I never expected any DNA test to show me as 50% Italian, because Italians have mixed with other countries over the centuries, and the specific genetic segments selected for comparison could also have more of my mom’s genes than my dad’s.
With this in mind, 23andMe comes the closest to replicating my genealogy data. While 30% Italian seems a bit low, I accept it as a reasonable variation, and I’m impressed that the company pinned most of this down to Tuscany (CRI Genetics was the only other company that named Tuscany as a gene source). If you add my researched Dutch and German, the combined 41% comes close to 23andMe’s 46%, and then the British/Scandinavian mixture is fairly close as well (many British people have Scandinavian roots anyway).
Ancestry not only has me low in Italian but much too high in British roots. They have me as more French than Italian, and this result comes out much worse for my brother Roger, whom Ancestry claims is only 4% Italian and 26% French. Meanwhile, sister Linda is also only 4% Italian and 17% French, and some of my cousins (also half Italian by genealogical standards) come out as 0% Italian. In case you are thinking that maybe we had some unknown French ancestor, I have covered this topic in another blog post, and I am certain this is not so. Even if I had a French fourth great grandparent, I would only have inherited 1.56% of French genes from him or her. See also Are new Ancestry.com algorithms ignoring northern and central Italians?
Family Tree DNA is in some ways the broadest and least helpful. It’s hard to argue it’s not accurate, since the maps they include for Southeast Europe and West & Central Europe overlap such that both include Tuscany—but really all that it tells me is that I’m mainly from Europe. The one interesting tidbit is that they credit me with being 7% Sephardic (Hispanic) Jew. Large numbers of Jews left Spain for Italy and France when they were forced out in the late 15th century. A substantial admixture between Jewish and Tuscan genes in the 1500s and beyond could be the reason I’m not closer to 50% Italian—and also why Ancestry thinks we have some French genes (which could actually be from Sephardic Jews who settled in France).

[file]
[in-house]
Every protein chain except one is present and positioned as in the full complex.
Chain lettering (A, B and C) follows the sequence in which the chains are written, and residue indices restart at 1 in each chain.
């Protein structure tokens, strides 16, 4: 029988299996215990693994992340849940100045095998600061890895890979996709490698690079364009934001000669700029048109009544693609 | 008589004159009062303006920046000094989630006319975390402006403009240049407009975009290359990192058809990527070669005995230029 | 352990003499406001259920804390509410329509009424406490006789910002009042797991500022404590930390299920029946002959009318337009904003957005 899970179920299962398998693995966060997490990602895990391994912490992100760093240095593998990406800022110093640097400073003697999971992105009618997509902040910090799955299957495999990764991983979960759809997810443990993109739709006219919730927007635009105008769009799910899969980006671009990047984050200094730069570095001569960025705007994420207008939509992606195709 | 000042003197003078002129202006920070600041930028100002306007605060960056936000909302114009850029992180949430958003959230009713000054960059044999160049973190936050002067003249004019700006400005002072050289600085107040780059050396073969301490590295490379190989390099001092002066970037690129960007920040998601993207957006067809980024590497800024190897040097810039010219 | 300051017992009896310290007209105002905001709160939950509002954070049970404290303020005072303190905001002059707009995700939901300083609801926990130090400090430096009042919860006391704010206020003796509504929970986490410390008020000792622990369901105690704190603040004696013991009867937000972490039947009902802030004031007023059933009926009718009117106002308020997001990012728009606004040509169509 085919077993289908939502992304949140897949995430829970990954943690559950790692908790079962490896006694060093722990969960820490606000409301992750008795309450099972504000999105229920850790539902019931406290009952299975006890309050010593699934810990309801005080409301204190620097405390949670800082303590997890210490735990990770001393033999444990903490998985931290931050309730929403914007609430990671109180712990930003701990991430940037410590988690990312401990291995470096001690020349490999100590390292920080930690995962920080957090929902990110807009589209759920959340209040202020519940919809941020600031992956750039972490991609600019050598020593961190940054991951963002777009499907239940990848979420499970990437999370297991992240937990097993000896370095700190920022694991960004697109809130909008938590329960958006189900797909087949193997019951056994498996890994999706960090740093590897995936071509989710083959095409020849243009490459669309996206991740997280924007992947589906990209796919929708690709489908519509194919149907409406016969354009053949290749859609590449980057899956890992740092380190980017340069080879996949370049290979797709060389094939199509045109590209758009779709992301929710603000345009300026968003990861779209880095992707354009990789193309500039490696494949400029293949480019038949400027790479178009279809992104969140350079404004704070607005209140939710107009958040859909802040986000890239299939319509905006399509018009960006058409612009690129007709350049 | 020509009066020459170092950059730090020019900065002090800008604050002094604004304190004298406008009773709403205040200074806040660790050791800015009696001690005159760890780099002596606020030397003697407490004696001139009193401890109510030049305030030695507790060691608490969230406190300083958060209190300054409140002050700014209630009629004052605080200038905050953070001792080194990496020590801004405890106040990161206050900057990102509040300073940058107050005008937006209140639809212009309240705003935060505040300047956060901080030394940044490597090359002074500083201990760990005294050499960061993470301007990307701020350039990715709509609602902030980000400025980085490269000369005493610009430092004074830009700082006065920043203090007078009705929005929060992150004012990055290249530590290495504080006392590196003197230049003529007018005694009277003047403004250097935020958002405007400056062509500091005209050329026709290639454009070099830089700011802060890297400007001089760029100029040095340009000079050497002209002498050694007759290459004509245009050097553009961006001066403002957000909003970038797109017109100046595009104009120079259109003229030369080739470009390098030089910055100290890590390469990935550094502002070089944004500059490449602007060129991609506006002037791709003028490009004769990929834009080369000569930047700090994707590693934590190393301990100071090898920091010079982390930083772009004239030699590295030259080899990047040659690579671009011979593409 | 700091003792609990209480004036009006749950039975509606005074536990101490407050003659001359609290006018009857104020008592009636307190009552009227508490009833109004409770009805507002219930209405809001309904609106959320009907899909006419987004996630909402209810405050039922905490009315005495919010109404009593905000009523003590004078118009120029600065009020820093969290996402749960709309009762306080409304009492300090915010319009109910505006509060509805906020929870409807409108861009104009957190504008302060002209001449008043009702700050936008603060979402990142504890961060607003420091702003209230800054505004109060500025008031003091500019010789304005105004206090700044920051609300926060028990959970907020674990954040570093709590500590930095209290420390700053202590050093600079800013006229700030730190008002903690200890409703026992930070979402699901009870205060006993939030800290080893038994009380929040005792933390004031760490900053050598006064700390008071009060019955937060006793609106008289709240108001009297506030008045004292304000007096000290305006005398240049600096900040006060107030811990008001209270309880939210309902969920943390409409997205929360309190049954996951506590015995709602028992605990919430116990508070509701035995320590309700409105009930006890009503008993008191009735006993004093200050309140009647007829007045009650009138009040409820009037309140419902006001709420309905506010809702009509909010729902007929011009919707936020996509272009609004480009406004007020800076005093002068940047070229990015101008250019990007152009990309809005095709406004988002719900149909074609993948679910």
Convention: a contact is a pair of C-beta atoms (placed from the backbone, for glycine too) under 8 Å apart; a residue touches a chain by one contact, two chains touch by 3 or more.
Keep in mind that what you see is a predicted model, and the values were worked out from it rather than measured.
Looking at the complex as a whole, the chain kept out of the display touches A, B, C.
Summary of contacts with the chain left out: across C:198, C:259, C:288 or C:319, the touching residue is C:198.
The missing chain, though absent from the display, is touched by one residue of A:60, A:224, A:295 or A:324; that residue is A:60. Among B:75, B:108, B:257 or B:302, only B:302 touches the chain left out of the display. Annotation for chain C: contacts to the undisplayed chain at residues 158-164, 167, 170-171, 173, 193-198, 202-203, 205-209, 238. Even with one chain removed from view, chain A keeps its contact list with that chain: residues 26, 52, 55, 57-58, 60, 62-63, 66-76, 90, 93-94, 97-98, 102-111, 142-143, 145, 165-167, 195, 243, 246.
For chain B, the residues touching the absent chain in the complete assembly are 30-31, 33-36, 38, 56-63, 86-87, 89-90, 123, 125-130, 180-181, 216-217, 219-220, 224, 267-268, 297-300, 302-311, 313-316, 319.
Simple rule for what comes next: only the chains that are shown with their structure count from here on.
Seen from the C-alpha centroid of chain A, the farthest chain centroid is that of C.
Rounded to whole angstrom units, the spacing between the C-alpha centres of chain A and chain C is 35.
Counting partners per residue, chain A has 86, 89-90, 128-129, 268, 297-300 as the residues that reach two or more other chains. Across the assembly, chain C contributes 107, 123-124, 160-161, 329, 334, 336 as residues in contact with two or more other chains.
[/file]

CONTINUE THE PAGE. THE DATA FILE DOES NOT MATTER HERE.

CRI Genetics has me too high on German and too low on Italian, but it’s interesting that they give me 7% Spanish and 3% Jewish and French. This would lend credence to the theory that I had Sephardic Jewish ancestors who left Spain and immigrated to Italy and France. However, my Dutch grandmother reportedly also had some Jewish roots, so where my Jewish DNA came from is far from certain.
In summary, one should remember that just because 23andMe most closely matches my known family tree doesn’t mean others will find the same level of accuracy. While the actual genetic code is hard science, the interpretations of cultural origins is fraught with assumptions, extrapolations and educated guesses.
I should also note that genealogist Serafinn has extensively researched her father’s northern Italian ancestry and also received analyses from four companies: Ancestry, 23andMe, CRI Genetics and MyHeritageDNA. Of these, MyHeritageDNA—a company I’ve not yet tried—matched her genealogical research most closely.
Recently one of my Italian America Facebook friends, Jim Pantaleno, posted a simple but brilliant message that is always good to remember: “If the Italian culture is the only one you know because generations of your family trace back to what is now Italy, then you are Italian. Period. Whatever else might be mixed in, like spices in a classic dish, only adds to the flavor.”
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Updates: Both 23andMe and Ancestry have revised their estimations, and they are closer to being accurate when compared to my actual ancestry. 23andMe now lists me as 43% Italian (mostly central). Ancestry upped my Italian percentage from 11 to 16 and called it Northern Italian, a step in the right direction but still far from accurate.